Youth and Their Political Tendencies in Turkey
Social Policy Middle East technical University Ankara, Turkiye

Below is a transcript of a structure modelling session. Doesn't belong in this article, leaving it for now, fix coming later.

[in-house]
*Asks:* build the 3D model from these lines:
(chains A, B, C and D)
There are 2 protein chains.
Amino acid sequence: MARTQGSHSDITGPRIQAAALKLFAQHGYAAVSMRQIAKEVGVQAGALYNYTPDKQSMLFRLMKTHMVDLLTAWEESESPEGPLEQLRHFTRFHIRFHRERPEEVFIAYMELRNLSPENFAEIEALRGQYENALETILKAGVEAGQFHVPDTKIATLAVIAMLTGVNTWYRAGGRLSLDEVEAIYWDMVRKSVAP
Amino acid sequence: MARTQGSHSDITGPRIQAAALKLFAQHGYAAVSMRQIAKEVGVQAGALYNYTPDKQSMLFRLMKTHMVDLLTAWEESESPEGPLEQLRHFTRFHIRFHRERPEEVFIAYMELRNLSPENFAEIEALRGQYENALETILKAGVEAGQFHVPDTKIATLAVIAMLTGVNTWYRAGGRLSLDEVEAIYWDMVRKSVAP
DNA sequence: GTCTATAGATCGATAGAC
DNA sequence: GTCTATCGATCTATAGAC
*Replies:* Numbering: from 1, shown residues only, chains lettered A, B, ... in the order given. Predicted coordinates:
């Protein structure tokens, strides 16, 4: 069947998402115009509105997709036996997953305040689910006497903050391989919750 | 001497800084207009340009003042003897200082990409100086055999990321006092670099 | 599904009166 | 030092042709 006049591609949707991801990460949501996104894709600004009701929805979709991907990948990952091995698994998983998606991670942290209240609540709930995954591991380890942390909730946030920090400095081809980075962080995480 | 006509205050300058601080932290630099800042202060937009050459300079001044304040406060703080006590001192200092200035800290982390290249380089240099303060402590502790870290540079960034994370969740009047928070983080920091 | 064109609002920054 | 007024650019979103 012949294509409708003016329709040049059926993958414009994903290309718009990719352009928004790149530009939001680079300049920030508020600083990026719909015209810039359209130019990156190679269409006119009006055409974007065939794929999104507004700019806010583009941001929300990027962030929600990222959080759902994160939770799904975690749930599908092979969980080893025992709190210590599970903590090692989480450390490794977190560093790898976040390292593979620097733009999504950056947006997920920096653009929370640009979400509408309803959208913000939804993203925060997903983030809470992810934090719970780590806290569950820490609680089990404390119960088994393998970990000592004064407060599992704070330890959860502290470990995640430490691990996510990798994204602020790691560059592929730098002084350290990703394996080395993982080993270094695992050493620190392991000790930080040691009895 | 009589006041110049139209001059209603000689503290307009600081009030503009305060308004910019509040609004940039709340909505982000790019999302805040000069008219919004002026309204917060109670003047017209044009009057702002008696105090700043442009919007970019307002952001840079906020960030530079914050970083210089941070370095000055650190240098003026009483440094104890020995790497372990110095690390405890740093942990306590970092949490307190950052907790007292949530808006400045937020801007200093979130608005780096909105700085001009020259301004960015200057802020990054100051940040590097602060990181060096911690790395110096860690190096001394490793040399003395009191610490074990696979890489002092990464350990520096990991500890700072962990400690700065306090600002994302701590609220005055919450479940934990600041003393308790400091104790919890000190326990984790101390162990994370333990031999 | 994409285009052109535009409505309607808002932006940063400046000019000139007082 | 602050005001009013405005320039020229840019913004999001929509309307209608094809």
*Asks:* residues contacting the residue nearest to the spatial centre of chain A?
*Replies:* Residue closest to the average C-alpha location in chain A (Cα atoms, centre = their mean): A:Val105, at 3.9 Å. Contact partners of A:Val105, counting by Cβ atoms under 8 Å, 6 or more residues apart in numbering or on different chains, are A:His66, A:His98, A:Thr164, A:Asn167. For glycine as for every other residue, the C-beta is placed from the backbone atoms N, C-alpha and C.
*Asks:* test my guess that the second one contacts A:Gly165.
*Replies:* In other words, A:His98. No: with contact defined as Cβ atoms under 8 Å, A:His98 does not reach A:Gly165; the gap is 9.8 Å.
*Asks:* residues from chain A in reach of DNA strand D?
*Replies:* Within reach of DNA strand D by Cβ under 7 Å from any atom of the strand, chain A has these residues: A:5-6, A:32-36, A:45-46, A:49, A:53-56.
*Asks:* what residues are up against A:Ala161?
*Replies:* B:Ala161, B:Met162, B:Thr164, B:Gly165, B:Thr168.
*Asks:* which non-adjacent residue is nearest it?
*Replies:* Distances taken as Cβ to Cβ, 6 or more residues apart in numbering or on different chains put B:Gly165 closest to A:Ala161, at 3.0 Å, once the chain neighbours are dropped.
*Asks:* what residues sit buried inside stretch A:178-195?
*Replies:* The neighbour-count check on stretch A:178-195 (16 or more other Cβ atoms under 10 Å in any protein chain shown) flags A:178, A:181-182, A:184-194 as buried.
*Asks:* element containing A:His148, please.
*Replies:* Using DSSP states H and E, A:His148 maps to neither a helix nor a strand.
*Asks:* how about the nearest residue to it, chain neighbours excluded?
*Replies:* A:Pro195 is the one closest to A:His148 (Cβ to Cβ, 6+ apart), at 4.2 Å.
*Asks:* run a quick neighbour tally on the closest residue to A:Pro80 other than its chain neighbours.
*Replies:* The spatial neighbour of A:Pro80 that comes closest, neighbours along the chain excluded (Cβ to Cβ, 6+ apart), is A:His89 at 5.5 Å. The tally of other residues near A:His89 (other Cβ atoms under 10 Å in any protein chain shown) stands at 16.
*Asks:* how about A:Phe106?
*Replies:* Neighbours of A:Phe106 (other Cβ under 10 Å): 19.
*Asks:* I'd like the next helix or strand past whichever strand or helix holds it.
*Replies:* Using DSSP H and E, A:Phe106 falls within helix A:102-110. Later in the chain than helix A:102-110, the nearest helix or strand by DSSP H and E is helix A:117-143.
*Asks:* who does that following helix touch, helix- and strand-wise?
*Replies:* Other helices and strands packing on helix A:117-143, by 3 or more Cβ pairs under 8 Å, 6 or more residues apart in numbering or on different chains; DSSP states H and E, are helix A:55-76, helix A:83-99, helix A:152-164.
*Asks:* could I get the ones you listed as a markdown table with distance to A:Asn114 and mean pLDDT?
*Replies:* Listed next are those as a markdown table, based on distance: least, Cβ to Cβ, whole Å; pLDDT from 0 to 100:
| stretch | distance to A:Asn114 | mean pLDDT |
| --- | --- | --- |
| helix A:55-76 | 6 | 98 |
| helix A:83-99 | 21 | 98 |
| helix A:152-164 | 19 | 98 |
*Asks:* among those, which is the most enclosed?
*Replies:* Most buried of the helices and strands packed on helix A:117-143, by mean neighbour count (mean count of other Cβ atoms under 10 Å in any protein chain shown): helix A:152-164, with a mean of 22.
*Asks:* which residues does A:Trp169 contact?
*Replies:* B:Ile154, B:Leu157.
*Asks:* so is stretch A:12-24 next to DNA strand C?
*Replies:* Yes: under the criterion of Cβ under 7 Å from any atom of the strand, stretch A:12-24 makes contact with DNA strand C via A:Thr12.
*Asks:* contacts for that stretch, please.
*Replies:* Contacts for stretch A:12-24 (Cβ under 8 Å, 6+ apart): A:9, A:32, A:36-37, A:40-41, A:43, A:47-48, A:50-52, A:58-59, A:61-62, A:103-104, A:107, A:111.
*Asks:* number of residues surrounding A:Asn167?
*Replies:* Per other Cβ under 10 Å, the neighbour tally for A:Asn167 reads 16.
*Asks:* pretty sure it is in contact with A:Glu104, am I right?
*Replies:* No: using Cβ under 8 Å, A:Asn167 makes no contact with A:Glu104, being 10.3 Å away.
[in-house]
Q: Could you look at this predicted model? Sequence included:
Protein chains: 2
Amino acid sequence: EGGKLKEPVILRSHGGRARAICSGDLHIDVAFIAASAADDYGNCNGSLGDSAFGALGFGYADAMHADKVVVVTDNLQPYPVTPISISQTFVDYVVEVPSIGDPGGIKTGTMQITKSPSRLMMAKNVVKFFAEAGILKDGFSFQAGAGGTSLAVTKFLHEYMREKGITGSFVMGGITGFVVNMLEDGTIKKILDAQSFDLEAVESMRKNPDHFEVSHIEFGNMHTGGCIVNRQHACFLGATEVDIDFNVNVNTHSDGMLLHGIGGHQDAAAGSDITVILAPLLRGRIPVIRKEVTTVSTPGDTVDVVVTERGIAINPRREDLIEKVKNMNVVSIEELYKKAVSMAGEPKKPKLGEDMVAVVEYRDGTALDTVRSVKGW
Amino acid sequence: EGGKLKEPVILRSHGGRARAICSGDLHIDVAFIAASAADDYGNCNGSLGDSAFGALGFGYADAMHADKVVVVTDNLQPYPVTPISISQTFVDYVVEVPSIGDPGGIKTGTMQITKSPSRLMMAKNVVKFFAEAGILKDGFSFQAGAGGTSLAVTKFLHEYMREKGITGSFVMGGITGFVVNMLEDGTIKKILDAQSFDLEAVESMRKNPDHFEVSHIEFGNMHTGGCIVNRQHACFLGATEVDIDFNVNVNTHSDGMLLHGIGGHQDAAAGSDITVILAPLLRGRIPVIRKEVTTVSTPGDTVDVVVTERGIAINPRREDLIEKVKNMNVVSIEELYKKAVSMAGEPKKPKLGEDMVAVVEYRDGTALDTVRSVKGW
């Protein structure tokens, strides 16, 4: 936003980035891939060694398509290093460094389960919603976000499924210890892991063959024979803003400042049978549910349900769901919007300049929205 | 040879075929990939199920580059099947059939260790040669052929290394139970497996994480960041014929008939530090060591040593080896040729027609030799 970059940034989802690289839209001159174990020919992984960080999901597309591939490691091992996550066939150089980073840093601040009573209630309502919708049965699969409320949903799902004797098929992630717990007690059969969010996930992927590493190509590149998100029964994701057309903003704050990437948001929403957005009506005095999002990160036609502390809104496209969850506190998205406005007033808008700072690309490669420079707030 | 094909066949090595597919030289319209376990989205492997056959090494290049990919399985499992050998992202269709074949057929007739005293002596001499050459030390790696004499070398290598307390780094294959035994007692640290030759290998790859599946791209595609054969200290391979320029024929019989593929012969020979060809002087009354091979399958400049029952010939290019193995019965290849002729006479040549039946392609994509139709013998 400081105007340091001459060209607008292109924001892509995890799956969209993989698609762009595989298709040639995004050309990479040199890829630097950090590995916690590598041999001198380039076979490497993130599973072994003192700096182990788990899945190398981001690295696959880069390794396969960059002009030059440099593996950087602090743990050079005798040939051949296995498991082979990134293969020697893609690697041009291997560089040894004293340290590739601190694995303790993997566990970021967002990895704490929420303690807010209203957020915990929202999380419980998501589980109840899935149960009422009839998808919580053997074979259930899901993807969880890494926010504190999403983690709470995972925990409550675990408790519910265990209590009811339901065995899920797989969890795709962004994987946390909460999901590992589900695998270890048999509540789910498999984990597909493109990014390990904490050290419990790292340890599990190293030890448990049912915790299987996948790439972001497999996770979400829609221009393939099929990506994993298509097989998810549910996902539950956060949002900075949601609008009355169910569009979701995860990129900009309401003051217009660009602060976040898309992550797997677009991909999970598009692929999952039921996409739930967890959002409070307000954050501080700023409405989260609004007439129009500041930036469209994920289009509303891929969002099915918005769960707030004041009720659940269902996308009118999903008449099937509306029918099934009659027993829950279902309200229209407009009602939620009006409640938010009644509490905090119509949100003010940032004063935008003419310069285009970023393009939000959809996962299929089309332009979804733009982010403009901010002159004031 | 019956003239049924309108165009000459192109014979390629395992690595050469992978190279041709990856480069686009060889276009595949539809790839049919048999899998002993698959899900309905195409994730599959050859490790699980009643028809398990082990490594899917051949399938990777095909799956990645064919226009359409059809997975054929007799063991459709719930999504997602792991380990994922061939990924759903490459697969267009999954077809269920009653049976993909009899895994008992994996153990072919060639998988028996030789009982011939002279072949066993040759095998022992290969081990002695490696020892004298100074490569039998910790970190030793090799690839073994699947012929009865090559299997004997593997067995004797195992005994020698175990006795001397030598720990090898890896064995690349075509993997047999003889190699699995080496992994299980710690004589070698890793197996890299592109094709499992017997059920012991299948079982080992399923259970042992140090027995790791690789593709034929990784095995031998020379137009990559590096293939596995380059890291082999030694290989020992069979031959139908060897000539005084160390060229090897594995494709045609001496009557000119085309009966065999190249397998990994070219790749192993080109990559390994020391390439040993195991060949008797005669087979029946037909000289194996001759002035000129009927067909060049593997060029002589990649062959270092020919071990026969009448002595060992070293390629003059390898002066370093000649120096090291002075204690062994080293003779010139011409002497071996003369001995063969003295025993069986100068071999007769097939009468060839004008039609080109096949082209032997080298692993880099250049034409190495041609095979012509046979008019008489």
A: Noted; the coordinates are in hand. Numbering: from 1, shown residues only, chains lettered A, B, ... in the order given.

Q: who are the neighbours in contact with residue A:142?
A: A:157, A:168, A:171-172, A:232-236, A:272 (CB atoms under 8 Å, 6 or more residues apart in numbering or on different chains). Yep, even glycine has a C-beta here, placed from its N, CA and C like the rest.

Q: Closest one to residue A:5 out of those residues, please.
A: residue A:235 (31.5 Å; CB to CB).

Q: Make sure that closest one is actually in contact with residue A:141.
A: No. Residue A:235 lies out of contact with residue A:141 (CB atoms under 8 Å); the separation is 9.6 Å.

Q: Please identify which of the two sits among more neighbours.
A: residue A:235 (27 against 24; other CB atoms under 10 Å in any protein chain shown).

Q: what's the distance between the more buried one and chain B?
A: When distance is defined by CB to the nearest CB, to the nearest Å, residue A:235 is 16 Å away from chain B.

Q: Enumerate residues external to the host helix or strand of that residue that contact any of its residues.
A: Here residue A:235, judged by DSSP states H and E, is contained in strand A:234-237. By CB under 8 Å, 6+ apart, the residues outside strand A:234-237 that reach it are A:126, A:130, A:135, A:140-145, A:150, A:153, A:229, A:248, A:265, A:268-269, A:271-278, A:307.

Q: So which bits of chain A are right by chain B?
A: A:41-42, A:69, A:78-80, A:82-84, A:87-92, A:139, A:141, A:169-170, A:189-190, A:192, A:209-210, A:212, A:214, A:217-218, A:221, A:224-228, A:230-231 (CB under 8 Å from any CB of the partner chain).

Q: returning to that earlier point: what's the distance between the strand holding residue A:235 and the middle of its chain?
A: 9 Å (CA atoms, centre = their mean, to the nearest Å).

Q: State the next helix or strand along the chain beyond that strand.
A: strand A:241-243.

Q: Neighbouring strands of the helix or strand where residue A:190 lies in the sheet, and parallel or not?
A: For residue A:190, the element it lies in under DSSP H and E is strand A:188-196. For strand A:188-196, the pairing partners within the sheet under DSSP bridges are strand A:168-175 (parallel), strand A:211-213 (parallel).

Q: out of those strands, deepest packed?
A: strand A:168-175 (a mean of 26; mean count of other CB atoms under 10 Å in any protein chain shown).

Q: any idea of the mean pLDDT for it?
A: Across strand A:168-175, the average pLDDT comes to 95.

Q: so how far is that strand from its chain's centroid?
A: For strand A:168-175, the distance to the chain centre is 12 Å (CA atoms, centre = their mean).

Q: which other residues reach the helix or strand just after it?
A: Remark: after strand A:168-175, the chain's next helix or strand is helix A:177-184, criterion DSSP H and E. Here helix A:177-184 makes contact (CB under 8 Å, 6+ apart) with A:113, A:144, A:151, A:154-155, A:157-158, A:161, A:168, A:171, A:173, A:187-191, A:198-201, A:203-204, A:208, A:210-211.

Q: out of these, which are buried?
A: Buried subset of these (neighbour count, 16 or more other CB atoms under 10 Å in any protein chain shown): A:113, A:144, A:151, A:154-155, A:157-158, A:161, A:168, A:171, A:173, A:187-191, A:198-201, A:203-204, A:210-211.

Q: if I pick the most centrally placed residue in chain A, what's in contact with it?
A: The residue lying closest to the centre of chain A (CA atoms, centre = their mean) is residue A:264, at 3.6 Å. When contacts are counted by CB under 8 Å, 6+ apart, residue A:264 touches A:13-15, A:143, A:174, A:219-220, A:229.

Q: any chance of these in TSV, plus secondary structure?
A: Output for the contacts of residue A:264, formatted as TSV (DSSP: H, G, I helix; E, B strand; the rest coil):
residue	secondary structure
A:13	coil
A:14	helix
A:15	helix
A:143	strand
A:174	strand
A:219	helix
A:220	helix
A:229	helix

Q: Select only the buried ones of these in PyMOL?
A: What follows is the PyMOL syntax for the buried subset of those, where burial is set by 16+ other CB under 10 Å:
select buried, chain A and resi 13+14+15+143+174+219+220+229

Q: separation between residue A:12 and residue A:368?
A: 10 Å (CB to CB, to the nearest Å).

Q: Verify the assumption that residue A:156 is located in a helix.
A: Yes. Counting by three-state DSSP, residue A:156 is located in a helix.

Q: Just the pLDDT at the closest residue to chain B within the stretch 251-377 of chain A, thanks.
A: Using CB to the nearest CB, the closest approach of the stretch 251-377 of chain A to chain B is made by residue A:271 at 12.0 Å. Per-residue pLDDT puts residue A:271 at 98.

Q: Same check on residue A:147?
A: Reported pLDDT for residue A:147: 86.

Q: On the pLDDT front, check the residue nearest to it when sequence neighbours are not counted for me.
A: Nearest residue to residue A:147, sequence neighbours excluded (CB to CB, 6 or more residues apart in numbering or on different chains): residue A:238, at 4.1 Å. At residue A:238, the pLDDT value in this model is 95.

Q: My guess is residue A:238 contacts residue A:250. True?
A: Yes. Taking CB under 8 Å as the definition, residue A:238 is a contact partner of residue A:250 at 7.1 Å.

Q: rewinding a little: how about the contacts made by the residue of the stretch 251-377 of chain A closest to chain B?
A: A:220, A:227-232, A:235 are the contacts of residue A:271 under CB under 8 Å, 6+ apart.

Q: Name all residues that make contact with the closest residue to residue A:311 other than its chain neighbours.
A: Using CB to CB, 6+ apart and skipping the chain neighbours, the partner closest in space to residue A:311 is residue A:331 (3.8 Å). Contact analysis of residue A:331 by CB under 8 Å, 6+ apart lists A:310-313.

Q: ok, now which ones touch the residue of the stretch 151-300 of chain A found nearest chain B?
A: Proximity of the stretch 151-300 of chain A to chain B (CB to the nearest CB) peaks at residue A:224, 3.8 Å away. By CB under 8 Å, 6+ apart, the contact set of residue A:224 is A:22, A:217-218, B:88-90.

In this study, I searched whether there is any relationship between youth unemployment on the one hand and political tendencies on the other. Questions forwarded in other similar studies are used in this study. For this aim, 3 questions were asked for understanding unemployed youth's political action, attitudes and views. The first question is about participation in political actions. The second question is "what kind of society do you think we should be working for?" Seven different types of societies were listed and respondents marked on a three-point scale how strongly they agreed or disagreed.The third question is "where would you put your own political opinion?". Holding political views and political participation is very rare especially among those living with the support of their families. Although the rate of unemployment and youth unemployment in particular is high, this is seen merely as one of the problems related to the economy and addressed within the confines of pure economic considerations. Where unemployment as a problem is conceived merely as a matter of economic development isolated from its political and social dimensions, the likelihood of political marginalisation is scant. Instead of political orientations, unemployment in the context of poverty is associated more with delinquency (theft, etc.) in the case of males and prostitution in the case of females. In other words, there is no "worry" about extreme political tendencies. One of the main assertions of this study is that almost full dependence of the unemployed to their families brings along passive attitudes: seeing their paths to full citizenship closed, unemployed young people find comfort in remaining as members of their families. It is a dependency that limits the political consciousness and orientation of young people.